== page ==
I for one must admit to being completely blindsided to Nolan’s the Prestige upon watching it in my local cinema on release. The film had me in its tight grip from the moment Michael Caine’s voice over asked me if I was watching closely and when the true meaning of all those hats became apparent I realised just what a magical trick Nolan’s film played on me, and I was ever so thankful for it. A conclusion to a unique and perfectly constructed thriller, the ending to this film remains a truly memorable one.

4. Fight Club (1999)

Fight

The payoff – The system comes crumbling down.

“You met me at a very strange time in my life”

Once David Fincher has allowed the audience to catch up on the mind bending realities what has come before we begin to watch with The Narrator and his girlfriend the true power of what his reign of chaos has done. With the Pixies playing loudly over the films destructive beauty, this is an unforgettable ending to a film that continues to be discovered and loved by audiences the world over.

3. The Godfather (1972)

Godfather

The payoff – The door closes on Michael Corleone’s previous life.

“All right. This one time I’ll let you ask me about my affairs”

While what leads up to the conclusion of Francis Ford Coppola’s universally loved gangster picture is impressively staged and arguably more cinematic, the final frames of this 3 hour epic are incredibly well staged and heartbreakingly human. Michael Corleone a loving family man who tried so hard to make a life for himself out of his family business finally closes the door on what has come before and entered once and for all into the life that he was drawn into no matter the costs.

2. The Thing (1982)

The Thing

The payoff – Who is human and who perhaps is not?

“Why don’t we just… wait here for a little while… see what happens?”

From the cold beginning through to the fiery finale, John Carpenter’s quintessential 80’s Horror culminates in the most satisfying conclusions, even though the answer will never be fully correct. An ending that has created endless and fantastic debate, the ending of this classic is what makes the journey so fun to experience time and time again.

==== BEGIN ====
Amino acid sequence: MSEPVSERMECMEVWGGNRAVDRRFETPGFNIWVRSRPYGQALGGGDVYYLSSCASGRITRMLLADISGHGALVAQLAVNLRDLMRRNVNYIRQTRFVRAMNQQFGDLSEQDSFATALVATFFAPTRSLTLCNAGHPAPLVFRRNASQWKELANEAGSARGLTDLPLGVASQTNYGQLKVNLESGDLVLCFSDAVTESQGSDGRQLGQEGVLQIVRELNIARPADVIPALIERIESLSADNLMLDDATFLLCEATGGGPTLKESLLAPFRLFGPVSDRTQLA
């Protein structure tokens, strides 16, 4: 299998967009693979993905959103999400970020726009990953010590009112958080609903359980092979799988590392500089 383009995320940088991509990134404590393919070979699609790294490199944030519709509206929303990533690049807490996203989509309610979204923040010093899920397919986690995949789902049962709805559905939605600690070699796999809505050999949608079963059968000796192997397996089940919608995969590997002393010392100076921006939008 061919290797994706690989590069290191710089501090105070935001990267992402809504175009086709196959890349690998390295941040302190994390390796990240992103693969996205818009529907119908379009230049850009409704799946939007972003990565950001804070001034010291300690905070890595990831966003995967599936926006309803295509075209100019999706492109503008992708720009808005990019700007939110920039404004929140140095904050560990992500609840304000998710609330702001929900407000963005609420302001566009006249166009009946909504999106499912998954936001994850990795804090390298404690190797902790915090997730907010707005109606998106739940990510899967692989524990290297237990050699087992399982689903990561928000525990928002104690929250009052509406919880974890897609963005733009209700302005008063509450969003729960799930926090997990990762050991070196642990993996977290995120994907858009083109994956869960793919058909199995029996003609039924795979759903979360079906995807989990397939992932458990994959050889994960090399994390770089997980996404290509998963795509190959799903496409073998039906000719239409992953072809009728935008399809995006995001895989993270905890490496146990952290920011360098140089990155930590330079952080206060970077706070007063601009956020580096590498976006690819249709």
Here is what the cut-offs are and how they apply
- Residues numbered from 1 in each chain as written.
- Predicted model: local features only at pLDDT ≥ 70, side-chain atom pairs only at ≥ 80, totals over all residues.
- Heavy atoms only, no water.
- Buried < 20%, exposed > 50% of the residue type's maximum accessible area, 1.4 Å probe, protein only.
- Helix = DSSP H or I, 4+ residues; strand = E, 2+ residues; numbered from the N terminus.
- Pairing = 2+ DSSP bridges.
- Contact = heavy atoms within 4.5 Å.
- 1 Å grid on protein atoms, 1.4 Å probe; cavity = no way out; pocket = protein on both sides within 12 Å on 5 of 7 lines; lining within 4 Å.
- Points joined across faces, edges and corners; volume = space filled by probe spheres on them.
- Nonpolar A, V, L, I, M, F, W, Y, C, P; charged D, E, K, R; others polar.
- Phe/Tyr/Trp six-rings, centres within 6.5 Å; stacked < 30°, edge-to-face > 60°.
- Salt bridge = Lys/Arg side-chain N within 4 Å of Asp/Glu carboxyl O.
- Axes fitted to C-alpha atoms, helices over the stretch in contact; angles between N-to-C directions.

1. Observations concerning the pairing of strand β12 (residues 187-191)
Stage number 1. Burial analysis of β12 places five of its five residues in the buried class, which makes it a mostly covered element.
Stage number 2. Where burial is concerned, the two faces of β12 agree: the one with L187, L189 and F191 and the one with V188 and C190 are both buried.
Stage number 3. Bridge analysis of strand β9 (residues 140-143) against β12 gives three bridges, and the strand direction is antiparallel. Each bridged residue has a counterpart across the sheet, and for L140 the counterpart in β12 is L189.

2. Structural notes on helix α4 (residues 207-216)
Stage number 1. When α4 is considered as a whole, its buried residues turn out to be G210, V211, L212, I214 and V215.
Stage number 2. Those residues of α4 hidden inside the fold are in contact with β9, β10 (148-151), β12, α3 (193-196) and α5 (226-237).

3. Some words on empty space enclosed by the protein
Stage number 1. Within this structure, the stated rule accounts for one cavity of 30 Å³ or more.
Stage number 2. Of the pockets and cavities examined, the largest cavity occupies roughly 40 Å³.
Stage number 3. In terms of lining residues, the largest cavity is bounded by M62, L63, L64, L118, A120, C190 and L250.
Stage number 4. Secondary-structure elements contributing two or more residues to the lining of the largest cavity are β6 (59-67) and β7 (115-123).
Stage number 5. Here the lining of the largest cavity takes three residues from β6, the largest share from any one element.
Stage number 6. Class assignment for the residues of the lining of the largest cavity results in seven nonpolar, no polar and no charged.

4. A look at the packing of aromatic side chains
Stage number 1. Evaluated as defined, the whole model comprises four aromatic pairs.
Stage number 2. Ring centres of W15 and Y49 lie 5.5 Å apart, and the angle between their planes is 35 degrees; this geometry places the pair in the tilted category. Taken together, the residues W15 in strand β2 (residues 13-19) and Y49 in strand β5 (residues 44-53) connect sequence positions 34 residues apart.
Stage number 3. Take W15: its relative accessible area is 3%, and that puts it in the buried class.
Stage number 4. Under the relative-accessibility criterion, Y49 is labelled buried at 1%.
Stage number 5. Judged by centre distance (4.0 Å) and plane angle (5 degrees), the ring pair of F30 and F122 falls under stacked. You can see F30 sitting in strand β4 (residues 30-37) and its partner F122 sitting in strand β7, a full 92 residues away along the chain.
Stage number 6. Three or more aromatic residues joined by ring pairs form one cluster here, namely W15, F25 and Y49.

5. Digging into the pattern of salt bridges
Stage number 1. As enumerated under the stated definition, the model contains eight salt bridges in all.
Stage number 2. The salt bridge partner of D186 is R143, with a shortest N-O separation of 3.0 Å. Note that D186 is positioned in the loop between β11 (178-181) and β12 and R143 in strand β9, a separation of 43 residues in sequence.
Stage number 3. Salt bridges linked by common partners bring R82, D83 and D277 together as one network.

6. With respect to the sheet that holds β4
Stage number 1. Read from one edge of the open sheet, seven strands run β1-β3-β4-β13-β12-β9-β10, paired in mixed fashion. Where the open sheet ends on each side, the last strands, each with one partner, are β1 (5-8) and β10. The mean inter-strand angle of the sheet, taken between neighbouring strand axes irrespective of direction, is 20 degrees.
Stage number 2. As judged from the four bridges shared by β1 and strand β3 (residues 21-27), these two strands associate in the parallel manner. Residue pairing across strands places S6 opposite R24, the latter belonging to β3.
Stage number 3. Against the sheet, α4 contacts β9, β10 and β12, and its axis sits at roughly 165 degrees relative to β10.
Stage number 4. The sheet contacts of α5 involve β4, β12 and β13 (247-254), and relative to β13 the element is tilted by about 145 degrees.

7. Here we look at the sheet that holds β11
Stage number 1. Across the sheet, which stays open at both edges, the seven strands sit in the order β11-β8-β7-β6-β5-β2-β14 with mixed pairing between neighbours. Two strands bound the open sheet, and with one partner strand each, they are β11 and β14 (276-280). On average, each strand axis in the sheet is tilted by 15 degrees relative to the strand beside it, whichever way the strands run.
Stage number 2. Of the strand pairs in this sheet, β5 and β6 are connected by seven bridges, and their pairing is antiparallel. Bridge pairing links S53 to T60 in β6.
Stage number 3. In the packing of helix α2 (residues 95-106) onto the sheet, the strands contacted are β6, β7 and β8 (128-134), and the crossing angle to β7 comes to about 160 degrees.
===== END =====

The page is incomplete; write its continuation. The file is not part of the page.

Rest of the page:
1. There Will Be Blood (2007)

Twbb

The payoff – Bowling pins and milkshakes.

“I’m finished”

I can still vividly remember sitting in an empty movie theatre (bar my film loving buddy and his chauffeur/mum) and having the feeling like I’d just had my senses knocked about by Paul Thomas Anderson’s incredible opus of greed, oil and family. Daniel Day Lewis’s Daniel Plainview was a creation for the ages and his epic last act of a lifetime of pent up rage and hatred remains one of the most incredible finales ever seen on screen. I for one will drink this milkshake any day.

Best of the rest:

  1. Jaws (1975)
  2. A Clockwork Orange (1971)
  3. The Station Agent (2003)
  4. The Shawshank Redemption (1994)
  5. Good Will Hunting (1997)
  6. The Departed (2006)
  7. One Flew Over the Cuckoo’s Nest (1975)
  8. Monty Python: The Holy Grail (1975)
  9. Kill List (2011)
  10. Enemy (2013)

Honourable mentions:

Immortals, Unbreakable, The Others, Pan’s Labyrinth, Watchmen, Tree of Life, Children of Men, A Prophet, Gladiator, Session 9, Dazed and Confused, Escape From New York, Seven, Donnie Darko, Southland Tales, Heat, No Country For Old Men, Shutter Island, The Breakfast Club, The 25th Hour, Inception, The Assassination of Jesse James by the Coward Robert Ford, The Grey.

What are your favourite endings? Are there some hidden gems that aren’t well known or is this list on the money? Let us know in the comment below! We’d love to hear your thoughts.

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19 responses to “10 Classic Movie Endings: Eddie’s Take

  1. Great picks! Can’t say I didn’t enjoy any of these choices. Some earlier movies may have been passed over on your list, Citizen Kane(What was Rosebud?) or Casablanca(round up the usual suspects, and this is the beginning of a beautiful friendship.) would have been a couple choices that I can think of, off the top of my head.

  2. Interesting choices, man. Great choice with Primal Fear but I have to say, I think the ending to Scarface was over the top and actually ruined a bit of the film. I’d also include Se7en and The Usual Suspects in the there.

  3. Pingback: Quentin Tarantino – From Worst to Best | Jordan and Eddie (The Movie Guys)·